Thus, the PPP operates at the boundary of the public and private sectors, being neither nationalised nor privatised. Thus, politically, the PPP represents a third way in which governments deliver some public services in conjunction with private sector. Moreover, in a practical sense, the PPP represents a form of collaboration under a contract by which public and private sectors, acting together, can achieve what each acting alone cannot (Michael 2001).
The Indian Case
In the Indian context, the term PPP is used very loosely while at the international arena, the PPP is adopted for developing public assets in various forms as explained in Table 1. According to Ministry of Finance Government of India the PPP project means a project based on a contract or concession agreement, between Government or statutory entity on the one side and a private sector company on the other side, for delivering infrastructure service on payment of user charges. This is a narrower definition as compared to world best practices where the private sector participation in any form of concession agreement, divestiture of the public sector, greenfield projects and management and lease contract are considered as PPP. The Planning Commission of India has defined the PPP in a generic term as “the PPP is a mode of implementing government programmes/schemes in partnership with the private sector. It provides an opportunity for private sector participation in financing, designing, construction, operation and maintenance of public sector programme and projects”. In addition, greenfield investment in the infrastructure development has also been given more encouragement in India.
Greenfield investment is defined as an investment in a start-up project, usually for a major capital investment and the investment starts with a bare site in a greenfield.
Global Practices
While discussing the infrastructure development, a generic question arises, ‘Why is PPP needed?’ In the face of fiscal and other constraints, governments of most emerging economies have been turning towards the private sector as a means of financing infrastructure development. Many countries have, however, found that it is not always easy to attract the private sector, as the conditions for their participation are, in most cases, different from the traditional method of funding. A closer alliance between various parties involved in the infrastructure development will, however, provide the opportunity to share their views on the risk perspectives, legislative and regulatory environments, which support private investment, project funding packages, project formulation and the means of reducing project preparation and gestation period. It has been empirically proved that “both the public and private sectors have significant effect on each other, the magnitudes of the long-run influence of private production on infrastructure expansion are relatively greater than the reverse for most countries” (Eric C Wang 2002). Review of cross-country experiences while adopting the PPP model in the infrastructure development would provide due solution to the critical question raised at the beginning of this Section.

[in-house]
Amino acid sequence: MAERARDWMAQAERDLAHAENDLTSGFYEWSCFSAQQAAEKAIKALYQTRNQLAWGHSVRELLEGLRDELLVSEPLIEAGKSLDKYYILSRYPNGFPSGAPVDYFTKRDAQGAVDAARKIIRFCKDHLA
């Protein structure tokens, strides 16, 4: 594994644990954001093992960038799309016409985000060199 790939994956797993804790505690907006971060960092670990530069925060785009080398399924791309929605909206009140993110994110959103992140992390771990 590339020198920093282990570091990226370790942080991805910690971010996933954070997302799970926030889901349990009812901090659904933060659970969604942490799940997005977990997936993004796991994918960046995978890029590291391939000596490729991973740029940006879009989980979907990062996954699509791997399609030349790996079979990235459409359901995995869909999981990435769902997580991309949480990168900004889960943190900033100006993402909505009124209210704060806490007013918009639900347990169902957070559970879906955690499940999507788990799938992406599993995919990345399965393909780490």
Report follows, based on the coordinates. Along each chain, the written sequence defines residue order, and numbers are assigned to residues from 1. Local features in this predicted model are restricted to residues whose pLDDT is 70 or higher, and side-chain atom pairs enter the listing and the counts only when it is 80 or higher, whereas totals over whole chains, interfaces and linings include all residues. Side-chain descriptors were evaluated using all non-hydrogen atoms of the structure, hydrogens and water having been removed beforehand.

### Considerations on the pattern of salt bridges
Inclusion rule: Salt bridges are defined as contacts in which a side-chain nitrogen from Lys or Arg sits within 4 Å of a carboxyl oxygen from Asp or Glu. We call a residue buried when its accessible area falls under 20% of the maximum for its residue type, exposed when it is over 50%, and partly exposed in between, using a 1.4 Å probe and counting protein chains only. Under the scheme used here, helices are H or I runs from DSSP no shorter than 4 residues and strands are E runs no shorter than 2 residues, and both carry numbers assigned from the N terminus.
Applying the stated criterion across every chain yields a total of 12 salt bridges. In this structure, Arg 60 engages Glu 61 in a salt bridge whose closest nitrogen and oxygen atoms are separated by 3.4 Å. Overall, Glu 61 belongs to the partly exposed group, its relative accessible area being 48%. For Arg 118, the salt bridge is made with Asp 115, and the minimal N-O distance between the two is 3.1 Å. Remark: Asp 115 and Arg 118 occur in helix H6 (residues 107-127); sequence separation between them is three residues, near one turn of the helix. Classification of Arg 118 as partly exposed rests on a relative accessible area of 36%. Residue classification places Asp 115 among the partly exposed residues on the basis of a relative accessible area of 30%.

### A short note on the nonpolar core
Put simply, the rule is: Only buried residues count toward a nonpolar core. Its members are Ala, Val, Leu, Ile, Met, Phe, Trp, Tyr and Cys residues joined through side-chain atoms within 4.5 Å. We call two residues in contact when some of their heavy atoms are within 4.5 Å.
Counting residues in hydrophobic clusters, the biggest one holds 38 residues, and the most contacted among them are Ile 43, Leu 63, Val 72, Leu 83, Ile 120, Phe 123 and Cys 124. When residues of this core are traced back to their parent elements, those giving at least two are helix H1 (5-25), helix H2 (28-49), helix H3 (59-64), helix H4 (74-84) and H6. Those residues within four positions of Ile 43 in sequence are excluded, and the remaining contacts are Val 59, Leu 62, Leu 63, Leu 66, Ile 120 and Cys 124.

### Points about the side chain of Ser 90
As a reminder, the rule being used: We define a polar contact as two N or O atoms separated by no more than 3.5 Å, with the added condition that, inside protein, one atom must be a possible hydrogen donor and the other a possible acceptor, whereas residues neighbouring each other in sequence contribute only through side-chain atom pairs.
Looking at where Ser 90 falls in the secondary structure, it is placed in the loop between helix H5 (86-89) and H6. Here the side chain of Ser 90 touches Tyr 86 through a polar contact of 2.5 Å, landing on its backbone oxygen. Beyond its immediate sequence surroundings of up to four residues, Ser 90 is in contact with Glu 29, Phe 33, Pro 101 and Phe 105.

A number of OECD countries have well established PPP programmes. Other countries with significant PPP programmes include Australia and Ireland while the US has considerable experience with leasing. Many continental EU countries, including Finland, Germany, Greece, Italy, the Netherlands, Portugal and Spain have PPP projects, although their share in public investment remains modest. Reflecting a need for infrastructure investment on a large scale, and weak fiscal positions, a number of countries in Central and Eastern Europe, including the Czech Republic, Hungary and Poland, have embarked on PPP. There are also PPP programmes in Canada and Japan. The PPP in most of these countries are dominated by road projects. Similarly, the EU Growth Initiative envisages the use of PPP type arrangements primarily to develop trans-European road network.
While focusing on country specific practices, the PFI of the UK is perhaps the best developed government’s PPP programme, which also comprises privatisation and other forms of cooperation between the public and private sectors, including the provision of guarantees. The PFI projects are viewed primarily as being about the provision of services, and not about the acquisition of assets. In this endeavour, the private sector makes a long-term commitment to maintain assets and provide services, and the government makes a long-term commitment to procure those services; significant risk is transferred to the private sector; public sector investment projects are considered for PFI where they are likely to represent value for money, and where it meets the UK government’s criteria for efficiency, equity and accountability (IMF, 2004).